Good Fruit Grower

September 2012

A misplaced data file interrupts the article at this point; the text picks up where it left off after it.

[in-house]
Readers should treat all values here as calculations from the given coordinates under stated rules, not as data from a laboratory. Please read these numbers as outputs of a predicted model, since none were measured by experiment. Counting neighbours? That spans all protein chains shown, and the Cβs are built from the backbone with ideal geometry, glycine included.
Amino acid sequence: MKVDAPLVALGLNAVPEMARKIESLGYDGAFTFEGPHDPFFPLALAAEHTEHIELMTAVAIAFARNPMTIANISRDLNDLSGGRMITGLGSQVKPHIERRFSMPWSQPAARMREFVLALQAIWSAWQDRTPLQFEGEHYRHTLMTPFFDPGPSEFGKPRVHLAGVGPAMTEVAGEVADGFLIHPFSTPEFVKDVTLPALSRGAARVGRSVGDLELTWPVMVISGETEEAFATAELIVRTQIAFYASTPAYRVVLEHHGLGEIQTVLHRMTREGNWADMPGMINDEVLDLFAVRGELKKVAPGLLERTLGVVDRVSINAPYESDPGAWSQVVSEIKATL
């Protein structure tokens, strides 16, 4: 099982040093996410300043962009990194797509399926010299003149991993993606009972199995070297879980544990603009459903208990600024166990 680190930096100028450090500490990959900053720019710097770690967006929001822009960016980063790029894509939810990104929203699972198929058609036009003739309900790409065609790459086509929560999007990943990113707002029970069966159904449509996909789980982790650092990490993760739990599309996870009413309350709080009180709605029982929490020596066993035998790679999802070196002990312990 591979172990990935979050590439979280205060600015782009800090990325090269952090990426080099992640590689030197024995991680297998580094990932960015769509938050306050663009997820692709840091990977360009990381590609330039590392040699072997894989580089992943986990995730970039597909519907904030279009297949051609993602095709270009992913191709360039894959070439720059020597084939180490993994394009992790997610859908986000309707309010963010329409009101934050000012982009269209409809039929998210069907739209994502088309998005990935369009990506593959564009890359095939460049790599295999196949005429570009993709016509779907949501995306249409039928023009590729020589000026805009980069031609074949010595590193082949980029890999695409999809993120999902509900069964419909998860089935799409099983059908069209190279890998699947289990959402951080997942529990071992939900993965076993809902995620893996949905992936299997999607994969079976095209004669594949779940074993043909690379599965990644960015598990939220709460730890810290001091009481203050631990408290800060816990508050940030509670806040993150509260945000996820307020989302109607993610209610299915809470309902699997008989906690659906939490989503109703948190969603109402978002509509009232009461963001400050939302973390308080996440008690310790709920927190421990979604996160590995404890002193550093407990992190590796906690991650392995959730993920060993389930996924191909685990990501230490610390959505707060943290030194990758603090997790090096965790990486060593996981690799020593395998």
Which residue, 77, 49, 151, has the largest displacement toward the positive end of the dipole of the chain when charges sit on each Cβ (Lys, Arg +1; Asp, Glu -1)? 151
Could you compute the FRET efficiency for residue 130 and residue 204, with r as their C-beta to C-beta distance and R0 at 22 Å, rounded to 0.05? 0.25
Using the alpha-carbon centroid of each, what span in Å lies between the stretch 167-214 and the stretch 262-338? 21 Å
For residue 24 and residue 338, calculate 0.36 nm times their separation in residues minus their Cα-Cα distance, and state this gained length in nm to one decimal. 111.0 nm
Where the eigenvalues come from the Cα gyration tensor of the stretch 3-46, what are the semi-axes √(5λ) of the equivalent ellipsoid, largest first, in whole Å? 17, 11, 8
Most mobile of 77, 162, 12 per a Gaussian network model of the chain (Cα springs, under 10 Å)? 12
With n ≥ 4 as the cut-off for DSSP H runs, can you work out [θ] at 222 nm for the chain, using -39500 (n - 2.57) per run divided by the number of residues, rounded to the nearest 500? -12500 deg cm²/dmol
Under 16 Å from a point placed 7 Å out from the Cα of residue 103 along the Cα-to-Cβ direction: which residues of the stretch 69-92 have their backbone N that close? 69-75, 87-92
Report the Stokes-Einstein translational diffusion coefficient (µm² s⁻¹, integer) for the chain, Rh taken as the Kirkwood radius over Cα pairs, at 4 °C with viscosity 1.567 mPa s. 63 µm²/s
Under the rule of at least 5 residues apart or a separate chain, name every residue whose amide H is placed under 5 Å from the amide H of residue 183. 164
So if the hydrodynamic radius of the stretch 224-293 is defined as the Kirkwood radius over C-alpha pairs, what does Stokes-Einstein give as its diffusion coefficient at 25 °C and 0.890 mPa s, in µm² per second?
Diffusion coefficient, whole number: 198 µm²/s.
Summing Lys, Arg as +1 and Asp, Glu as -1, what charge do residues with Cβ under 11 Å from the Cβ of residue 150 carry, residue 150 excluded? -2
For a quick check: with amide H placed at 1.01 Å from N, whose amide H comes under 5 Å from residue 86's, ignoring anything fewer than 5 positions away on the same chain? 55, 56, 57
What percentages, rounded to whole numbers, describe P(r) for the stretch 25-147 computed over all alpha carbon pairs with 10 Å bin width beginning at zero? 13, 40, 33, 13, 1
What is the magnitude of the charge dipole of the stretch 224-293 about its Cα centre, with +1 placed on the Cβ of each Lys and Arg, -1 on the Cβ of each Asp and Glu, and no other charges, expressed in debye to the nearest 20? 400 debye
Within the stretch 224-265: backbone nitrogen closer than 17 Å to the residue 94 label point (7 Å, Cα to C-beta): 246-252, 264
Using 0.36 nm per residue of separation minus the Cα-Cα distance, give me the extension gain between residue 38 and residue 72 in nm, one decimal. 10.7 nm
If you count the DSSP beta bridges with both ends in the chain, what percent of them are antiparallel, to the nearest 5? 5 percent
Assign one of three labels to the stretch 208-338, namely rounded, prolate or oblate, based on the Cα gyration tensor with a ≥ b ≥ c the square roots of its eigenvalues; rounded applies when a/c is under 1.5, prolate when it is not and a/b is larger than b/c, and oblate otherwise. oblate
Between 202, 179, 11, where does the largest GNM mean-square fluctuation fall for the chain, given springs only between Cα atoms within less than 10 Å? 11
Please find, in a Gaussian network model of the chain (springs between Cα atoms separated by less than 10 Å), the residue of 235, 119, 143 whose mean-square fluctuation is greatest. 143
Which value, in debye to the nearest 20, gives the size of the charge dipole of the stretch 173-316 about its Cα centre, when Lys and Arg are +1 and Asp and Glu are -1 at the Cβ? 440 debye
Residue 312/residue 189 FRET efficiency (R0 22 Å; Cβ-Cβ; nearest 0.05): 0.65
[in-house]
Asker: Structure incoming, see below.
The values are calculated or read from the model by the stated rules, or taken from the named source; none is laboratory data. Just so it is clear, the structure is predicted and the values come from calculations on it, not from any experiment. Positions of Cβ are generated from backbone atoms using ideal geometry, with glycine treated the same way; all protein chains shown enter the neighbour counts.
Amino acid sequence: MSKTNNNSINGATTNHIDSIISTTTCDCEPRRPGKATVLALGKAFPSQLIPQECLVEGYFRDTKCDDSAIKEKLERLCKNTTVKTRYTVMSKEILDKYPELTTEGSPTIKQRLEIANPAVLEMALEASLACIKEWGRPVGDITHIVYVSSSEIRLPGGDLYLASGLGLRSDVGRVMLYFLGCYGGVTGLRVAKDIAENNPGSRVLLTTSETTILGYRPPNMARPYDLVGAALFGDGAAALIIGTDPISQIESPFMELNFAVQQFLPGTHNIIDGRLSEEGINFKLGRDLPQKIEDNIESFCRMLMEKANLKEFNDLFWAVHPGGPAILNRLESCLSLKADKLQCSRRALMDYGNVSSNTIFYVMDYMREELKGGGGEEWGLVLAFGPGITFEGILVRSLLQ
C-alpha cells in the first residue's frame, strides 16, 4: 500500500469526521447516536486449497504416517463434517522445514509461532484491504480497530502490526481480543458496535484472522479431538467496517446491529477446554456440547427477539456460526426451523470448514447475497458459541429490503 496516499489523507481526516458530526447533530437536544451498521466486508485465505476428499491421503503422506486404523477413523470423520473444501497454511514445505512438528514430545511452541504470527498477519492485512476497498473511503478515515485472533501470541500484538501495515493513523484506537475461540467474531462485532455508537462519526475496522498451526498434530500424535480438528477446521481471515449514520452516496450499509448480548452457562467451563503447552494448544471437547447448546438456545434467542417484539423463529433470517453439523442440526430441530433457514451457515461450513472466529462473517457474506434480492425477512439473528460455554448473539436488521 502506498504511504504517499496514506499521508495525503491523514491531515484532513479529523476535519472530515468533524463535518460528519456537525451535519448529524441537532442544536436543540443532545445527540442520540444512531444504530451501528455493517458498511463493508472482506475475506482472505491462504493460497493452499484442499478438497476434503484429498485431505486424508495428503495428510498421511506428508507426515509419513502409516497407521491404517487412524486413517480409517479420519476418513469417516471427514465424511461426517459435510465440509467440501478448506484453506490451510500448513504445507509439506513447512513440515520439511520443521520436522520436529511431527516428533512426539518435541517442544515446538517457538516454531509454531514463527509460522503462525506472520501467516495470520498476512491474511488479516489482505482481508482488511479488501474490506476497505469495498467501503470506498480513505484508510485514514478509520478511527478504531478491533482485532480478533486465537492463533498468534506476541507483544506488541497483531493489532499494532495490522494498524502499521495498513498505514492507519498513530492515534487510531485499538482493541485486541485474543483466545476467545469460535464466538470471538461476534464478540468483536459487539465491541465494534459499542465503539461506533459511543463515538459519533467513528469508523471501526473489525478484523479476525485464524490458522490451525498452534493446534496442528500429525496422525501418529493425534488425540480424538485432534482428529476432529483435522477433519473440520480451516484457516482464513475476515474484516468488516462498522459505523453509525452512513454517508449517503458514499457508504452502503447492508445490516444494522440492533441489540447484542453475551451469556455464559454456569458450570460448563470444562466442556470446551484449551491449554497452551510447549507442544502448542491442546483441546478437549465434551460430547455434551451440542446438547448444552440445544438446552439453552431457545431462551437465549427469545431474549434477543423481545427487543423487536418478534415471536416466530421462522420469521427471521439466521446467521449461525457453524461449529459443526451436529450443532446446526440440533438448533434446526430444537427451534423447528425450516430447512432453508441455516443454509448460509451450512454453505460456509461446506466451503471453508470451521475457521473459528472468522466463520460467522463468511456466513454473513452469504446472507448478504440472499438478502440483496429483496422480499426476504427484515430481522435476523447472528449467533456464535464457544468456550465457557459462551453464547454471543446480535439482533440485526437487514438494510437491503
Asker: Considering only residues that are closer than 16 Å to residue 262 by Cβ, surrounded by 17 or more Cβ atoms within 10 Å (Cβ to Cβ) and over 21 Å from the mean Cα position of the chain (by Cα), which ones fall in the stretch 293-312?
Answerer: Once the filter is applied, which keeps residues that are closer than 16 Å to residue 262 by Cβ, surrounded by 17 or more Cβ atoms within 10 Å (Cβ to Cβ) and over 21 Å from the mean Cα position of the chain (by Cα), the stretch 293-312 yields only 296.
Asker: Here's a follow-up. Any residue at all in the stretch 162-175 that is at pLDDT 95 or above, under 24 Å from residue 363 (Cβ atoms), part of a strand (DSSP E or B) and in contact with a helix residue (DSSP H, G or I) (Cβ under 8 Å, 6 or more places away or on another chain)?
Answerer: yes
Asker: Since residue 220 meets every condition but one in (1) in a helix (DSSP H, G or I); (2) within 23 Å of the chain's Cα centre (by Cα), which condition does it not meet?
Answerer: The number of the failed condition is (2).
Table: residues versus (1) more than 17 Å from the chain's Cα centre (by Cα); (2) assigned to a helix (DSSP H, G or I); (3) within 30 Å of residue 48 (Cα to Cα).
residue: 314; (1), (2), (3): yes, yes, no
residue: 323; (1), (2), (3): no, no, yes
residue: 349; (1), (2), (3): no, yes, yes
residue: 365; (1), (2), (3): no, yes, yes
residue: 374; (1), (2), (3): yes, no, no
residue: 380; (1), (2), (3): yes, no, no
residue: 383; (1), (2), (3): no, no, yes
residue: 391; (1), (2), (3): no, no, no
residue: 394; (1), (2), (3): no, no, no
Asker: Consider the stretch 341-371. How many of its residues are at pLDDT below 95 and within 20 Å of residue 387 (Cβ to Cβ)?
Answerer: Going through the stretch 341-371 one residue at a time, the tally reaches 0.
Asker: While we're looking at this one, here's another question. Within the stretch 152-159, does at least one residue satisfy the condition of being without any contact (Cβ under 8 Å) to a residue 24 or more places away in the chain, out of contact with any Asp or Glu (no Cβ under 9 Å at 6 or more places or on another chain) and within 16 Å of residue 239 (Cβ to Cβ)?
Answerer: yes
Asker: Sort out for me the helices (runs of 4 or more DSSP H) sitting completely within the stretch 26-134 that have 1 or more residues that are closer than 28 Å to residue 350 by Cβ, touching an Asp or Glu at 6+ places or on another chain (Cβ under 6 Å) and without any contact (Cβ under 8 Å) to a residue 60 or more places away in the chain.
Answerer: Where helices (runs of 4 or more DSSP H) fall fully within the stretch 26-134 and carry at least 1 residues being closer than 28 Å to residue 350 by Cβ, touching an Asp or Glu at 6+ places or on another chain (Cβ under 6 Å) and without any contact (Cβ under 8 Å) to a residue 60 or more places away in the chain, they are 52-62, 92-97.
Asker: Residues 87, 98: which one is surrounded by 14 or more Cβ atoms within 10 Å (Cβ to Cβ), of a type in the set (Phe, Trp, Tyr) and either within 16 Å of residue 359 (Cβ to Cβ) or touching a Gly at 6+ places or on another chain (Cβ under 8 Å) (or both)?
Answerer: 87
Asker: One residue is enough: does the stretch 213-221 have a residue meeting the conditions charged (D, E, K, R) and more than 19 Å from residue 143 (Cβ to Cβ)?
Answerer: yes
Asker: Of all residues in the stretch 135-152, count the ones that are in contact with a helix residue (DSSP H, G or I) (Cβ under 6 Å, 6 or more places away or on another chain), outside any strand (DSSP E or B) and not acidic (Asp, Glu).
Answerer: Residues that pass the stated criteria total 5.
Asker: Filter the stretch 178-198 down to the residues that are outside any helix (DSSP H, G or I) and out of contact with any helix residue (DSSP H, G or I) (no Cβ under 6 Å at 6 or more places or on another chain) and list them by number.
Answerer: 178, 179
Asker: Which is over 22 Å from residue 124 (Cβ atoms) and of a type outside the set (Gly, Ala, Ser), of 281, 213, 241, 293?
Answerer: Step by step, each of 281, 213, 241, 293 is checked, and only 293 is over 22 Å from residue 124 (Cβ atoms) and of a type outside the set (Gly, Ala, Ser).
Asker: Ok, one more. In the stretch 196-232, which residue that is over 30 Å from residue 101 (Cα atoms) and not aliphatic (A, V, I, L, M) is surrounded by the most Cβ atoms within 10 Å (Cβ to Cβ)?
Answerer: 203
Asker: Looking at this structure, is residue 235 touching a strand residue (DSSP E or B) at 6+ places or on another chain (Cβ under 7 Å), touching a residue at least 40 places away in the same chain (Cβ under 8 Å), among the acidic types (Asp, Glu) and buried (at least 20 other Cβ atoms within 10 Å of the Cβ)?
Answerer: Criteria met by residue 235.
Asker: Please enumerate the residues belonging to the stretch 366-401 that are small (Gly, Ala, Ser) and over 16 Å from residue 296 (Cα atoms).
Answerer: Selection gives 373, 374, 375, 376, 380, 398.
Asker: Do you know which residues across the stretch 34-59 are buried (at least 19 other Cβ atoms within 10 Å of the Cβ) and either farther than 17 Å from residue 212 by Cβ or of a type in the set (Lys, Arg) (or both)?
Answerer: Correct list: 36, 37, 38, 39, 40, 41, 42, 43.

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The Asian pear Hosui, from Japan in 1972, is sweet, crisp, juicy, and attractively russeted. Top inset is Summer Blood Birne, a red-flesh, or blood, pear, with a cinnamon flavor. Lower inset is Klemintinka, a small, crunchy, early (mid-July) pear that ripens on the tree. It hails from Bulgaria. At lower left is Ayers, small but beautiful, red blushed, early (mid-August) and juicy. Bred in Tennessee and introduced in 1954, it is resistant to fireblight. Web site, www.ars. The repository, as the name says, houses clonally propagated plants—and that includes blueberries, strawberries, brambles, hazelnuts, some minor fruits such as medlars and quince, as well as some nonfruit crops like hops and mint. While often thought of as a resource mostly for plant breeders, Postman noted that there are few U.S. pear breeding programs. "Richard Bell [the pear breeder at the USDA's Appalachian Research Center at Kearneysville, West Virginia] is my major stakeholder," he said. But nurseries look for new offerings. They search through the repository's catalogue, as do farm marketers looking for different varieties of pears that they can offer at their farms or at farmers' markets. Organic growers look for pears that are pest resistant. The repository can supply wood for grafting, but in limited quantities, and serves mostly as a resource of last resort. The system is meant to support research and educa- tion objectives, not home gardeners. If a tree is commercially available from a nursery, the Web site offers some help in finding it. "Over the years, Seckel pear has been the most requested scion wood from our pear collection," Postman said. The mission The repository has four distinct purposes—to collect, conserve, characterize, and distribute. As well as the orchard itself—collecting and conserving—the reposi- tory stores plant and seed information in a Resources Information Network. On the collecting side, Postman participates in expedi- tions to other countries to collect seed and plant samples from wherever pears originated or have been grown a long time. Pears are among the oldest cultivated fruits in the world. In the information retrieval system, pears are charac- "I'm a librarian in charge of a living plant collection." terized by fruit qualities like early or late ripening, large or small fruit, and flesh and skin color. Trees are characterized by compactness of habit, cold hardiness, chill requirements, and other qualities. Pears are also grouped by special uses—do they make good cider (perry), are they graft compatible with quince, do they have resistance to fireblight, mildew, leaf spot, psylla, or scab? The varieties are also described in sensory terms. Are they firm or soft, melting? Do they have stone cells, are they smooth or russeted? What's the flavor like? What's their shape? They are also grouped by country of origin. GOOD FRUIT GROWER SEPTEMBER 2012 19 —Joseph Postman Photos by JosePh Postman

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